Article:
According to her, the most efficient countermeasures against Russian manipulation and propaganda are permanently monitoring through the CCA the stations that are re-transmitting Russian programmes and sanctioning them, even in accordance with the current law that allows gradual punishments. If the CCA would apply the law for a year, because of their promotion of propaganda, the stations that are re-transmitting Russian programmes would run out of the chances offered by the law and would remain without licences.

Putin: ”the Resolution is a sign of democratic degradation in the West”

In Russia, the European Parliament debate was the first news of the journals broadcast by TV stations, followed by internal affairs topics, according to the RFI correspondent in Moscow, cited by Digi 24. President Vladimir Putin argued that the resolution of the European Parliament "is a sign of the degradation of the idea of democracy in the West”.

The resolution also refers to the propaganda attacks launched by the terrorist organisation the Islamic State. One of the authors of the resolution, the Polish conservative MEP, Anna Fotya, spoked about the propaganda managed by state and non-state actors which aims to "distort trust, to induce fear and insecurity among citizens, to provoke doubts and division in the European Union”. 

The report also shows that political parties and other organisations from the European Union are being financed through the Kremlin.

„Sputnik” accuses the EU of censorship

The "Sputnik” network, mentioned in the report, ramified in the entire world, with offices even in Chișinău, has called the resolution an attack against freedom of speech and has sent a letter to the UN, UNESCO and "Reporters without borders”. The agency is victimizing itself and highlights European norms, noting that the resolution is targeting media institutions with international authority, „Sputnik” included. "The resolution of the European Parliament contains many baseless accusations, compares the activity of press institutions such as „Sputnik” with the activity of terrorist groups such as ISIS”, notes the press release of the Russian agency.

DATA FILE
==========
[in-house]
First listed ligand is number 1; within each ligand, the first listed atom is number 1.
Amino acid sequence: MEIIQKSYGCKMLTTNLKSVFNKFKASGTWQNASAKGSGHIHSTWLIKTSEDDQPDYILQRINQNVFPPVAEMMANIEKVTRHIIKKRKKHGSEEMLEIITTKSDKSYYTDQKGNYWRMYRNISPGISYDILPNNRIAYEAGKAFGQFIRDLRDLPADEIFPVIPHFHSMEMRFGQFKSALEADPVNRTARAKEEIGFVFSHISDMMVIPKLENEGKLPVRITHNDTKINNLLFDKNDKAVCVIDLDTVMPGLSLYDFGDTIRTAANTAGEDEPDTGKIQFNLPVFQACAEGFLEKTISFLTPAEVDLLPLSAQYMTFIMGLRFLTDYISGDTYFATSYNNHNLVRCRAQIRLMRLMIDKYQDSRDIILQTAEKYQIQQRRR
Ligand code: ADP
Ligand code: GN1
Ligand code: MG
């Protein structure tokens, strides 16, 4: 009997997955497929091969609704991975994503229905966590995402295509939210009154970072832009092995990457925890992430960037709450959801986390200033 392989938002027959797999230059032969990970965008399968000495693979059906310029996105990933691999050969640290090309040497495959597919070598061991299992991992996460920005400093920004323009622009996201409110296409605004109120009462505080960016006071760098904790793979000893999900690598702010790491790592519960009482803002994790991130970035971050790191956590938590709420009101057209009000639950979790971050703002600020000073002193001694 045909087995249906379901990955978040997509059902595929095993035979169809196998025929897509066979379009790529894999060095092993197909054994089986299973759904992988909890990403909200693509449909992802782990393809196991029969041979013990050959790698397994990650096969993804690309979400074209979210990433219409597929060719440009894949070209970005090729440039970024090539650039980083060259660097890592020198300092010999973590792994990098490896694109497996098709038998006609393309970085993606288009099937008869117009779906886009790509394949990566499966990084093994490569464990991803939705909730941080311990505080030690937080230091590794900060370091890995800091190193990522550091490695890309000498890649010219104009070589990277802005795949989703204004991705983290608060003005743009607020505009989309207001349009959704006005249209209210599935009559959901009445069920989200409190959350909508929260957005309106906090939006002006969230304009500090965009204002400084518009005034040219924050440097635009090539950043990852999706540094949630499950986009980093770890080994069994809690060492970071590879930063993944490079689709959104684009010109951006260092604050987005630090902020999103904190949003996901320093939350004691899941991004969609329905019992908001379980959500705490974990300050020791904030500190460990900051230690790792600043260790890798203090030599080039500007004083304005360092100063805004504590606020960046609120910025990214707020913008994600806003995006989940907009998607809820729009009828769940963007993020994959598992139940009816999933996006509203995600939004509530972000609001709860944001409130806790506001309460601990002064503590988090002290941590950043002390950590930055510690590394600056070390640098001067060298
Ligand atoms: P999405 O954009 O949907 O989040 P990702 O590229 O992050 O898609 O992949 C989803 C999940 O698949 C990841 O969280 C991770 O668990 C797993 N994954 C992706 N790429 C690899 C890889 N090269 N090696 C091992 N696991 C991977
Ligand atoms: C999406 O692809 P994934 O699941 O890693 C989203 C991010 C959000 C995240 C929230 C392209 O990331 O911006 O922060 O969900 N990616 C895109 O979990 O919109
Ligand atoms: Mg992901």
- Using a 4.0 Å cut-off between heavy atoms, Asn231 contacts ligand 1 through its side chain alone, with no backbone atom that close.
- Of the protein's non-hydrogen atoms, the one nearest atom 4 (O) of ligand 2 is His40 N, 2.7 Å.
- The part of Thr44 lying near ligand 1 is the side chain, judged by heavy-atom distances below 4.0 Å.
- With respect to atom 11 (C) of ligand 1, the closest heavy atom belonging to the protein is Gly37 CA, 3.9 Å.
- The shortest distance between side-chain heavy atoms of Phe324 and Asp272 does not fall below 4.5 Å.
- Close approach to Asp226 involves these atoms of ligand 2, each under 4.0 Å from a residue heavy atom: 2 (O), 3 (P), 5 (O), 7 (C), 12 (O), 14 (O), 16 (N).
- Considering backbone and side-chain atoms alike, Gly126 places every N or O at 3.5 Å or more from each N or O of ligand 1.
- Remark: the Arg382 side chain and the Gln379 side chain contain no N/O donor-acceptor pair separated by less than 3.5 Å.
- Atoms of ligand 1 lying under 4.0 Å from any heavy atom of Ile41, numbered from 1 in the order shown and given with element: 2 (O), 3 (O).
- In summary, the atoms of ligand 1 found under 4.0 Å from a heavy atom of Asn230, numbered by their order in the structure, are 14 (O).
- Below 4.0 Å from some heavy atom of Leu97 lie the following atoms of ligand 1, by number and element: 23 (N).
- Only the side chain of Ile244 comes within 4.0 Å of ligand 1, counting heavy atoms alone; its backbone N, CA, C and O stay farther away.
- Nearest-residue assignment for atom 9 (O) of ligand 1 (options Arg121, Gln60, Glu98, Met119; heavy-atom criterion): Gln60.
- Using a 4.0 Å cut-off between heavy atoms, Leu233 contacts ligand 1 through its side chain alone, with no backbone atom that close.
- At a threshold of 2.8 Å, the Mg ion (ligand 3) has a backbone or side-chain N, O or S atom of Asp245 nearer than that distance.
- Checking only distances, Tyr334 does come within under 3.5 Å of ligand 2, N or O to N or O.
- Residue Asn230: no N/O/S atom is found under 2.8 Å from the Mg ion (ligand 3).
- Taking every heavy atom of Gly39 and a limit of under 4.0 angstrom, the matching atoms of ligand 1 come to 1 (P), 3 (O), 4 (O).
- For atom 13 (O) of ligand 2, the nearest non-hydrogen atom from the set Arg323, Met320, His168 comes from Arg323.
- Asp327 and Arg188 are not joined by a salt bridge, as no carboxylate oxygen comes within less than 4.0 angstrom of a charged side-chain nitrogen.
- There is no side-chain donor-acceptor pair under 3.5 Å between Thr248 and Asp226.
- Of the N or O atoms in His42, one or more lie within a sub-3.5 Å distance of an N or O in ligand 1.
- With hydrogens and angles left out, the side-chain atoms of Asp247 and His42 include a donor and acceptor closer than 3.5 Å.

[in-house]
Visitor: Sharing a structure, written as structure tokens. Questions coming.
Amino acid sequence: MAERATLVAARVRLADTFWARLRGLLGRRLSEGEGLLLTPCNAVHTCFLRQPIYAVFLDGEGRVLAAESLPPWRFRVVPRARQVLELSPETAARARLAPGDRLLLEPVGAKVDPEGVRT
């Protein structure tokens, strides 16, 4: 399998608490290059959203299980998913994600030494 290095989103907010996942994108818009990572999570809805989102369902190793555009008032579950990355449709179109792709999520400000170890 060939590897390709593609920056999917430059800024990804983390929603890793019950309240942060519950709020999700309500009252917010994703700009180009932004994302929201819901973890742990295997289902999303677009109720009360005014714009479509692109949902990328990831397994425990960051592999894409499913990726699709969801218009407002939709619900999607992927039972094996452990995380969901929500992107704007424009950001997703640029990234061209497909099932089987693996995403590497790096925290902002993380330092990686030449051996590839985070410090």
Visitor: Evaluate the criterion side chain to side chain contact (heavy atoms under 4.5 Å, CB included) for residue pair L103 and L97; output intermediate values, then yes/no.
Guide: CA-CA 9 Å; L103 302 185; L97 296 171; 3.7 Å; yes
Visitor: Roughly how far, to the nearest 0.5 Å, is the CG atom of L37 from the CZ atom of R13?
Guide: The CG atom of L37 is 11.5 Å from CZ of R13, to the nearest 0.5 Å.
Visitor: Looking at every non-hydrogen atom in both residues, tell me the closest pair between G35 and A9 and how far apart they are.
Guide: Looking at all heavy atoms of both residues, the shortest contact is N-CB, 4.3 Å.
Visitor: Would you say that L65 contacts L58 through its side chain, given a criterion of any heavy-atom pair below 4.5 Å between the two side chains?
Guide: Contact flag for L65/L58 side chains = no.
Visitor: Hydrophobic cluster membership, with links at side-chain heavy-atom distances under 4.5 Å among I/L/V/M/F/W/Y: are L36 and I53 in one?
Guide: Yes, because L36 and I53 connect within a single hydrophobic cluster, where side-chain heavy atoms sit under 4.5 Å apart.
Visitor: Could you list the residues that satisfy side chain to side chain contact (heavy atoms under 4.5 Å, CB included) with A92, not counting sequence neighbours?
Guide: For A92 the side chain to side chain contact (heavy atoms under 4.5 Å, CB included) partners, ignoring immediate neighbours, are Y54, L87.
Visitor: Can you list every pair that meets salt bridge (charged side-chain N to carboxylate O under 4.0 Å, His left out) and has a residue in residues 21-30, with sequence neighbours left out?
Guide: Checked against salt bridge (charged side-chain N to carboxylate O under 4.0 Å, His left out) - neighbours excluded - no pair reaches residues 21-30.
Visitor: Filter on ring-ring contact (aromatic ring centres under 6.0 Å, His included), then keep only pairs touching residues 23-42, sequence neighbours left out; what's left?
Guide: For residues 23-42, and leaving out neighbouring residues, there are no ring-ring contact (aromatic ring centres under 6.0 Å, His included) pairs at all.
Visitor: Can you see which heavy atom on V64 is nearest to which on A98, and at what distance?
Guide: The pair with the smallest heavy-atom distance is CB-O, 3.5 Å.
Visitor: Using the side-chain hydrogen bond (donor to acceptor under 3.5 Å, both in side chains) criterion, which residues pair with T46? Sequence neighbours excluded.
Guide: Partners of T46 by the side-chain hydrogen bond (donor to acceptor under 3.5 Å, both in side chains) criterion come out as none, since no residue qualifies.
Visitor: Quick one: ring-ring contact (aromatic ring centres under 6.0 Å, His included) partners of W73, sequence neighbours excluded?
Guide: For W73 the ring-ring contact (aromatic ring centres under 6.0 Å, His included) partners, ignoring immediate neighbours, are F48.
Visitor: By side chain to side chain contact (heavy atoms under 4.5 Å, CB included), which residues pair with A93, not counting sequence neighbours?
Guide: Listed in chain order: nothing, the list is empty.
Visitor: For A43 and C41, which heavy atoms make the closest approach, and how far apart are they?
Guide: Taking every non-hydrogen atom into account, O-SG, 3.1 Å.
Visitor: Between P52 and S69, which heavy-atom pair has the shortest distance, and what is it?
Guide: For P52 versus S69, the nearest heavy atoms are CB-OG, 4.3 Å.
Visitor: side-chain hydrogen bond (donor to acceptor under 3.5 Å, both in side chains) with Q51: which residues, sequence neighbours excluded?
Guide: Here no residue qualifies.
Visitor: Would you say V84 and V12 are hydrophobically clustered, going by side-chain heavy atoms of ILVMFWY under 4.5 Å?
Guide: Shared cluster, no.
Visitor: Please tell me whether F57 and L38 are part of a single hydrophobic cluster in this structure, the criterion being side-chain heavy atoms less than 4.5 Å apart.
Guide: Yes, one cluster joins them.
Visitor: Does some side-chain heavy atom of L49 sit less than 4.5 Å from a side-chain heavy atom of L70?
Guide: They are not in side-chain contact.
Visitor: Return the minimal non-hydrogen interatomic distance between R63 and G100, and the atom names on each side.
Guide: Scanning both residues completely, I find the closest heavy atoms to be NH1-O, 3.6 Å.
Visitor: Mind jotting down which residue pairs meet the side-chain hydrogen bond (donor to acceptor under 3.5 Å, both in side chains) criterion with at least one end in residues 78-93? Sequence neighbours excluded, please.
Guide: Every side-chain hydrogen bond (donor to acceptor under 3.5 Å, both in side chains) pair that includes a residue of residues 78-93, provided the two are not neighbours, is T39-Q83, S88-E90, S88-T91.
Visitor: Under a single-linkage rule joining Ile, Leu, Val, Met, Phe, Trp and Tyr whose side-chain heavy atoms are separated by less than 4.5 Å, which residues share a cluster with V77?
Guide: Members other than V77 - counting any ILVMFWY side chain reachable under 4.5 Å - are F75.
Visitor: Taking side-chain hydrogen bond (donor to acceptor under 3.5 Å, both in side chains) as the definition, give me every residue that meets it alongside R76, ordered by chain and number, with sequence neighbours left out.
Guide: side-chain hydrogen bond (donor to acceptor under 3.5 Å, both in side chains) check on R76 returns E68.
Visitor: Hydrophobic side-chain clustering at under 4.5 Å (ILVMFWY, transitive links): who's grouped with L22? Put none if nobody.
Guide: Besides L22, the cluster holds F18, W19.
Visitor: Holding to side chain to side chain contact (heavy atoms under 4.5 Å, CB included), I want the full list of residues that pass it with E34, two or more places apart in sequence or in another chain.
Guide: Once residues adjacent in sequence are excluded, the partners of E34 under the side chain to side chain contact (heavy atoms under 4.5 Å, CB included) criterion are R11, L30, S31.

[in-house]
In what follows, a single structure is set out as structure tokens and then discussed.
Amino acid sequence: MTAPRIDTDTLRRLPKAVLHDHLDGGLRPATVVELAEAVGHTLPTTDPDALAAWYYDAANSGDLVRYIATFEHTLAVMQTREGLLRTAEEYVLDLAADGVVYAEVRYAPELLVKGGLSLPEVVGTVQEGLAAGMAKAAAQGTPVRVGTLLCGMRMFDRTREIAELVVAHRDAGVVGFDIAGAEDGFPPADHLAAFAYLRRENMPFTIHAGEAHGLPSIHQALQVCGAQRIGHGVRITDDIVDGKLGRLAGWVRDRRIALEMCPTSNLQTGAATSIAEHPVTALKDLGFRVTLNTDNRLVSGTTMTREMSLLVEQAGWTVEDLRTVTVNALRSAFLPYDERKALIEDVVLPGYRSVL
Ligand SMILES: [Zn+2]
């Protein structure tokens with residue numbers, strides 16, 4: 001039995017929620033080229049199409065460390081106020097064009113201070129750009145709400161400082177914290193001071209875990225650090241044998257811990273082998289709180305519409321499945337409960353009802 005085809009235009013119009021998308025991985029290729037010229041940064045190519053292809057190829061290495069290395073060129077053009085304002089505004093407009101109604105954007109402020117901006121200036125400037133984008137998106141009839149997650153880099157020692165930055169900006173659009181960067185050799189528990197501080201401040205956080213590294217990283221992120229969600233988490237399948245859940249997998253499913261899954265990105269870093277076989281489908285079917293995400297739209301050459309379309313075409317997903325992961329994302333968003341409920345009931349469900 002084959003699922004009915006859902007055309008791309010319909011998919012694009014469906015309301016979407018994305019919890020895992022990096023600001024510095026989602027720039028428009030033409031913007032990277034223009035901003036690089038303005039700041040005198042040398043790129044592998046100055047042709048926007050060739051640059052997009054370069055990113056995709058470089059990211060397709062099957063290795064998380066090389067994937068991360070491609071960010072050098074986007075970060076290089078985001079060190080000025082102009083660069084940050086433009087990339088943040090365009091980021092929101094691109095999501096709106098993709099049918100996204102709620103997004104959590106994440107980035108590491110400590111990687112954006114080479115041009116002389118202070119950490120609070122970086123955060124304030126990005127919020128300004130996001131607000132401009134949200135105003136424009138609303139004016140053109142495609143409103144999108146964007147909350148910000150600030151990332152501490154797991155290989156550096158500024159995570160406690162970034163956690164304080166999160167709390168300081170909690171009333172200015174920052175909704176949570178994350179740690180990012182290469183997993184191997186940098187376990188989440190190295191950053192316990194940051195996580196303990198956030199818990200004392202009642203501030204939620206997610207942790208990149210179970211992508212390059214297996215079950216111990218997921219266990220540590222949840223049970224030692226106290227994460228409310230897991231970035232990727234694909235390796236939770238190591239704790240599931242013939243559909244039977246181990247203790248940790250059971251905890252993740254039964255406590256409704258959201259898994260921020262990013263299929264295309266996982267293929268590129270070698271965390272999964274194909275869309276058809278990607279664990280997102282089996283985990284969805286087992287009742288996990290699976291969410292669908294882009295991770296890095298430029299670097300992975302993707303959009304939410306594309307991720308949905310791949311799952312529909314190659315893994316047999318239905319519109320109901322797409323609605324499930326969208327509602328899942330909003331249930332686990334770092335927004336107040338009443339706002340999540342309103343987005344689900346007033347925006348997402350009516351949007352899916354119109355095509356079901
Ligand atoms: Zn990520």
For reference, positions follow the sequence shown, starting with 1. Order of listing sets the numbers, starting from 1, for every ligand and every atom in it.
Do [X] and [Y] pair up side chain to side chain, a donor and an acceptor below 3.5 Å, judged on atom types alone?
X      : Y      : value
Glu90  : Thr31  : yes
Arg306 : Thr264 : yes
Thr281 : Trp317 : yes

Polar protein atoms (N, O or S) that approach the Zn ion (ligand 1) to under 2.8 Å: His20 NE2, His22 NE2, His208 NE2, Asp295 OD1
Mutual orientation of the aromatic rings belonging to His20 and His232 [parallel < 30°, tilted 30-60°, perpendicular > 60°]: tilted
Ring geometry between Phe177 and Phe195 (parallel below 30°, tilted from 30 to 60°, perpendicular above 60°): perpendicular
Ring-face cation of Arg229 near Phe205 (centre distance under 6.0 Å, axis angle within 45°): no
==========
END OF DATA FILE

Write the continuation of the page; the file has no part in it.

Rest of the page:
After the Moldovan CCA voted to award a license to NTV Moldova, a series of media experts and political analysists from Chișinău spoked about a deal that took place between the oligarch Vlad Plahotniuc, who now holds the power in Moldova, and the pro-Russian socialist Igor Dodon. It was suggested that the CCA is an institution subordinated to Plahotniuc. Later, during the presidential electoral campaign, both „NTV Moldova” and the holding of Vlad Plahotniuc (which according to some estimates covers more than 85% of the Moldovan media market) promoted propaganda favouring Igor Dodon.

Natalia Enache